Furthermore, indigenous rights, as all other human rights, should not be applied to a gender-neutral lens. Public policies impact men and women in different ways. A gender perspective is vital to protect indigenous women’s rights. Indigenous women need to have a voice in decision-making processes, in the management of resources, and in the representation of their groups. In the same way that gender-discriminatory practices are debated and questioned in other communities, they should be debated and questioned in indigenous ones.

 

The right to self-determination, along with the right to free, prior, and informed consent and the right to participate in decision-making, should be a foundational principle to recognize and respect the political and legal systems of indigenous peoples. The right of indigenous women to participate in decision-making processes is critical to the development, implementation, and evaluation of policy and legislation affecting them. Indigenous women’s individual rights can be protected if self-determining indigenous communities are accountable to act in a manner that is respectful of human rights norms, including equality and non-discrimination.[33]

 

Cultivating an awareness of the perspectives we take or reject is crucial to approaching specific problems with clarity and comprehension. A shift in perspective can transform the distinctions, relationships, and systems that policymakers see and do not see. Moreover, perspectives are vital to see the world from the advantage or disadvantage of other people.[34] If policymakers ignore the multiple perspectives that can shape analysis of social issues, their policies and legislation will have highly inequitable and unexpected outcomes.

 

The Continuous Adaptation of Mental Models

Derek and Laura Cabrera explain that a mental model is our understanding of the world based upon our own ideas, beliefs, and past experiences. We perceive the real world indirectly through mental models that in turn shape our behavior, generating real-life consequences. They argue that “wicked problems result from the mismatch between how real-world systems work and how we think they work.”[35] Thus it is fundamental for policymakers, and systems-thinkers in general, to constantly analyze the feedback that the real world is sending and to adapt their mental models accordingly. It took fourteen years for the Mexican government to explicitly recognize indigenous women’s right to be elected as authorities in their communities. This, of course, is not the final solution to the trade-off between indigenous women’s individual rights and indigenous communities’ collective rights, but it is a first step in adapting a previously held mental model.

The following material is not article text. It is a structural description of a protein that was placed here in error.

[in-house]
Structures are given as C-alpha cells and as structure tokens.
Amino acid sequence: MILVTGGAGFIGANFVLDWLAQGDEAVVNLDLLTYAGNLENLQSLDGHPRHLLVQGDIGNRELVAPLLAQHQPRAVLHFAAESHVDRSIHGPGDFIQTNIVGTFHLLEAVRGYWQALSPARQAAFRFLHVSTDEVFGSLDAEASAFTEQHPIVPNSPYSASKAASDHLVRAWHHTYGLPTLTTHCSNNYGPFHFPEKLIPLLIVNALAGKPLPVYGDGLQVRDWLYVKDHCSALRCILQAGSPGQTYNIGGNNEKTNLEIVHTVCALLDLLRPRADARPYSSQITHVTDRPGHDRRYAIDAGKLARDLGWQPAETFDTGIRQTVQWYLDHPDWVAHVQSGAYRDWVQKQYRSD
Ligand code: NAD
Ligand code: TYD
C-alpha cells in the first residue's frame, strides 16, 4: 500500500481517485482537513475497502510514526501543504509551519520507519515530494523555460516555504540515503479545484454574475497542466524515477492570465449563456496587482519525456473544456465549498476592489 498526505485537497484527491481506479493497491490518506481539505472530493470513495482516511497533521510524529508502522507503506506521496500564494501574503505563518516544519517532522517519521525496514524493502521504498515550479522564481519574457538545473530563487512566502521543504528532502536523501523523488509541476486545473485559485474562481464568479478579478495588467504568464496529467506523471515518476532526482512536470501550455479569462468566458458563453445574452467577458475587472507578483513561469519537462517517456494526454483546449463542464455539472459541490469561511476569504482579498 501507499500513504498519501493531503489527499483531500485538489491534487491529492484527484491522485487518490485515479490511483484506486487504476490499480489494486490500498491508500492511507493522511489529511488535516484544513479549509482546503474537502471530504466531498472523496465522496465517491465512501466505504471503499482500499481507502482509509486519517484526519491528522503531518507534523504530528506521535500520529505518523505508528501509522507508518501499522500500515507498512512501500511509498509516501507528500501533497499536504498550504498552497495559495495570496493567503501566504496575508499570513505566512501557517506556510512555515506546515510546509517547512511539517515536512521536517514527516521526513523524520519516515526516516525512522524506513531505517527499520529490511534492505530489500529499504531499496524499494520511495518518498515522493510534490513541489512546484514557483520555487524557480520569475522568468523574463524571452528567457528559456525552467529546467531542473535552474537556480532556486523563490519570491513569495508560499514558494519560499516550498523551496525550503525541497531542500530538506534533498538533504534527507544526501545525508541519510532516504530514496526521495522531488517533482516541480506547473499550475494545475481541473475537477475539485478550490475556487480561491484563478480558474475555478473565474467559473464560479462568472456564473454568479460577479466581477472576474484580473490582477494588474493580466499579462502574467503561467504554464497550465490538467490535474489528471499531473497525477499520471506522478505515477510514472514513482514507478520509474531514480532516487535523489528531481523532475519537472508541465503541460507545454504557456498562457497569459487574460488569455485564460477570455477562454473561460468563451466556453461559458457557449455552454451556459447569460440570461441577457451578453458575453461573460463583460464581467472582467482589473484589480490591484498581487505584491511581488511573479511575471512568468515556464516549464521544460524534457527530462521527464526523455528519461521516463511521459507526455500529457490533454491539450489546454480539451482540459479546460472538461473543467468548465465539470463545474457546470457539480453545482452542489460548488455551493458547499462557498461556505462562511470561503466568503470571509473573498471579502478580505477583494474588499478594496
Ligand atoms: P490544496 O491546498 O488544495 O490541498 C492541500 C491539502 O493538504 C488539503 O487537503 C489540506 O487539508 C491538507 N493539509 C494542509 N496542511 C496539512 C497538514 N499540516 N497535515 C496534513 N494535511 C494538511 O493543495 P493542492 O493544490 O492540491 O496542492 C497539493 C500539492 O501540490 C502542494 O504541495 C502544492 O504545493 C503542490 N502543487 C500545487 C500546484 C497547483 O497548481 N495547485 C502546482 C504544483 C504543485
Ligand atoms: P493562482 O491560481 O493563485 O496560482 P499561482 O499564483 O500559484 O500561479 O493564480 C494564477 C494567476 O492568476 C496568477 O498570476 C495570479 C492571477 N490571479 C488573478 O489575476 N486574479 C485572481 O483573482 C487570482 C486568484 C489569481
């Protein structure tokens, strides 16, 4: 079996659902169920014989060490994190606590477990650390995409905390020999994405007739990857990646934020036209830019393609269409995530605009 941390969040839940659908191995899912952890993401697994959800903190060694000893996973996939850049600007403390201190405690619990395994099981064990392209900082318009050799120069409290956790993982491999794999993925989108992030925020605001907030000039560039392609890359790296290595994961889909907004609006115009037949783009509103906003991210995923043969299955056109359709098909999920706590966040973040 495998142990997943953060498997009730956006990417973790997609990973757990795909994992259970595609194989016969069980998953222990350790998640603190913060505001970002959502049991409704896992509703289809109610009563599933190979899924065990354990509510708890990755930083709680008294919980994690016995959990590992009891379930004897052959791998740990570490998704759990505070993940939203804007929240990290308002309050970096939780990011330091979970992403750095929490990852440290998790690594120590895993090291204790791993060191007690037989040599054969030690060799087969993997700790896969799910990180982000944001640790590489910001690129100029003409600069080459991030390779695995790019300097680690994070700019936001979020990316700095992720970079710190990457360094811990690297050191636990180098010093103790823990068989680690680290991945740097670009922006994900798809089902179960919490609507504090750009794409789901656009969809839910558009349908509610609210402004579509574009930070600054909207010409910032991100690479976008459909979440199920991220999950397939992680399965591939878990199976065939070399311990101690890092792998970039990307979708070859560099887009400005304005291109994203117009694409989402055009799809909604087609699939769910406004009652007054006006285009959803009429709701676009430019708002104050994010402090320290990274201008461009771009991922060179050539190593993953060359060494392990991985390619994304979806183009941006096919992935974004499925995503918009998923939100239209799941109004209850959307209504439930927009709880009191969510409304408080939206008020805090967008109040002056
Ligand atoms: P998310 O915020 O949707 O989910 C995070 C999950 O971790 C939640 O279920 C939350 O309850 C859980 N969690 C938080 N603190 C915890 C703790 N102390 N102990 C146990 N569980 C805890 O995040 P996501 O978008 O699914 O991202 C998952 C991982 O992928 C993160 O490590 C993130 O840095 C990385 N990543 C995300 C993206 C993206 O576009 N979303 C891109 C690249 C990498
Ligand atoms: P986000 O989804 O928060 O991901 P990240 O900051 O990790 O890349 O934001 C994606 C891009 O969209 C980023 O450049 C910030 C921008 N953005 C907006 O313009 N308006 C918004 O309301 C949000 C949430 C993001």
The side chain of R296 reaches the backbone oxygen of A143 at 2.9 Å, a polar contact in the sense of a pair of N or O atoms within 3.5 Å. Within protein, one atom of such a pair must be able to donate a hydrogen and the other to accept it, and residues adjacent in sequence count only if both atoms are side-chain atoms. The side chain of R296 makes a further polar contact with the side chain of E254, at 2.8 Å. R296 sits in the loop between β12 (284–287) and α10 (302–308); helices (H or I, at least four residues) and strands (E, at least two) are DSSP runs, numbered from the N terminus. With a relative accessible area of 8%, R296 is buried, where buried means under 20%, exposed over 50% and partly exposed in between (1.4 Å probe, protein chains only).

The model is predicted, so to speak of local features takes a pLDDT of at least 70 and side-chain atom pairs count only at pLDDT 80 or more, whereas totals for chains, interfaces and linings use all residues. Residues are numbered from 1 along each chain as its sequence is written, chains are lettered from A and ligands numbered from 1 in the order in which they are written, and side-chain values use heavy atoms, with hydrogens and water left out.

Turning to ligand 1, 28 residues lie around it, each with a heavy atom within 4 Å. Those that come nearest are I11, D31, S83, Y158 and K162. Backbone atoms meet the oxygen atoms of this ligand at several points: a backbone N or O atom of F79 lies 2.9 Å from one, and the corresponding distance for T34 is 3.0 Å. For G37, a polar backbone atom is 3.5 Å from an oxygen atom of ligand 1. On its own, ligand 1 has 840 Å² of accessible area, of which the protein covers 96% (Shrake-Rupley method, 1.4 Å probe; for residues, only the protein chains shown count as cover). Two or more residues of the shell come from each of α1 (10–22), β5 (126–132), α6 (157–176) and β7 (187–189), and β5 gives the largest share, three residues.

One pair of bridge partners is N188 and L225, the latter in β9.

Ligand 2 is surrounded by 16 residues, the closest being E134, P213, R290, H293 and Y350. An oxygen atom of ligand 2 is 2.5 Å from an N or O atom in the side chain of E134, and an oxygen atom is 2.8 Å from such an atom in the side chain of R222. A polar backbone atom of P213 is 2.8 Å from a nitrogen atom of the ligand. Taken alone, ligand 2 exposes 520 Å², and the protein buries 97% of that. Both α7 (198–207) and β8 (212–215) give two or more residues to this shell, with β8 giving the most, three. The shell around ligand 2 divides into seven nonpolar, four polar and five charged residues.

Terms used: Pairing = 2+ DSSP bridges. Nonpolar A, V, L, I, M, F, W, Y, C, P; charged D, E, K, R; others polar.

The goal of systems thinking is the continuous adjustment and refinement of our mental models so that they more accurately reflect the real world.[36] By considering four simple patterns—the Distinctions, Systems, Relationships, and Perspectives Rules—policymakers can analyze real world phenomena and adjust their mental models accordingly. The more closely a mental model approximates reality, the more effective will be any public policies crafted according to that model.[37]

 

The application of DSRP analysis to policy and legislation aimed at indigenous communities in Mexico will lead to the protection of the human rights of both indigenous men and women. In particular, the Mexican government should:

  1. Make a clear distinction of indigenous peoples in the country and collect sex-disaggregated data.
  2. Implement affirmative action measures to empower women as members of indigenous communities and give them access to education, healthcare, lands, decision-making processes, and resources.
  3. Apply intersectional analysis and measures that take into consideration the unique relationships that shape indigenous women’s lives.
  4. Incorporate a gender perspective into the policy and legislation aimed at indigenous peoples.

 

Policymakers need to start looking at both the identity and the other when making distinctions, understanding that we are all part of a larger interrelated system, recognizing the underlying relationships, contexts, and the fact that their actions have effects on other people, and seeing things from other people’s perspectives. If they achieve to apply the four simple rules of DSRP, policymakers will become more prosocial, emotionally intelligent, and compassionate leaders.[38] Let us hope that policymakers start using DSRP as a tool to better approximate their mental models to reality and to create effective, complex, dynamic, and multivalent policies.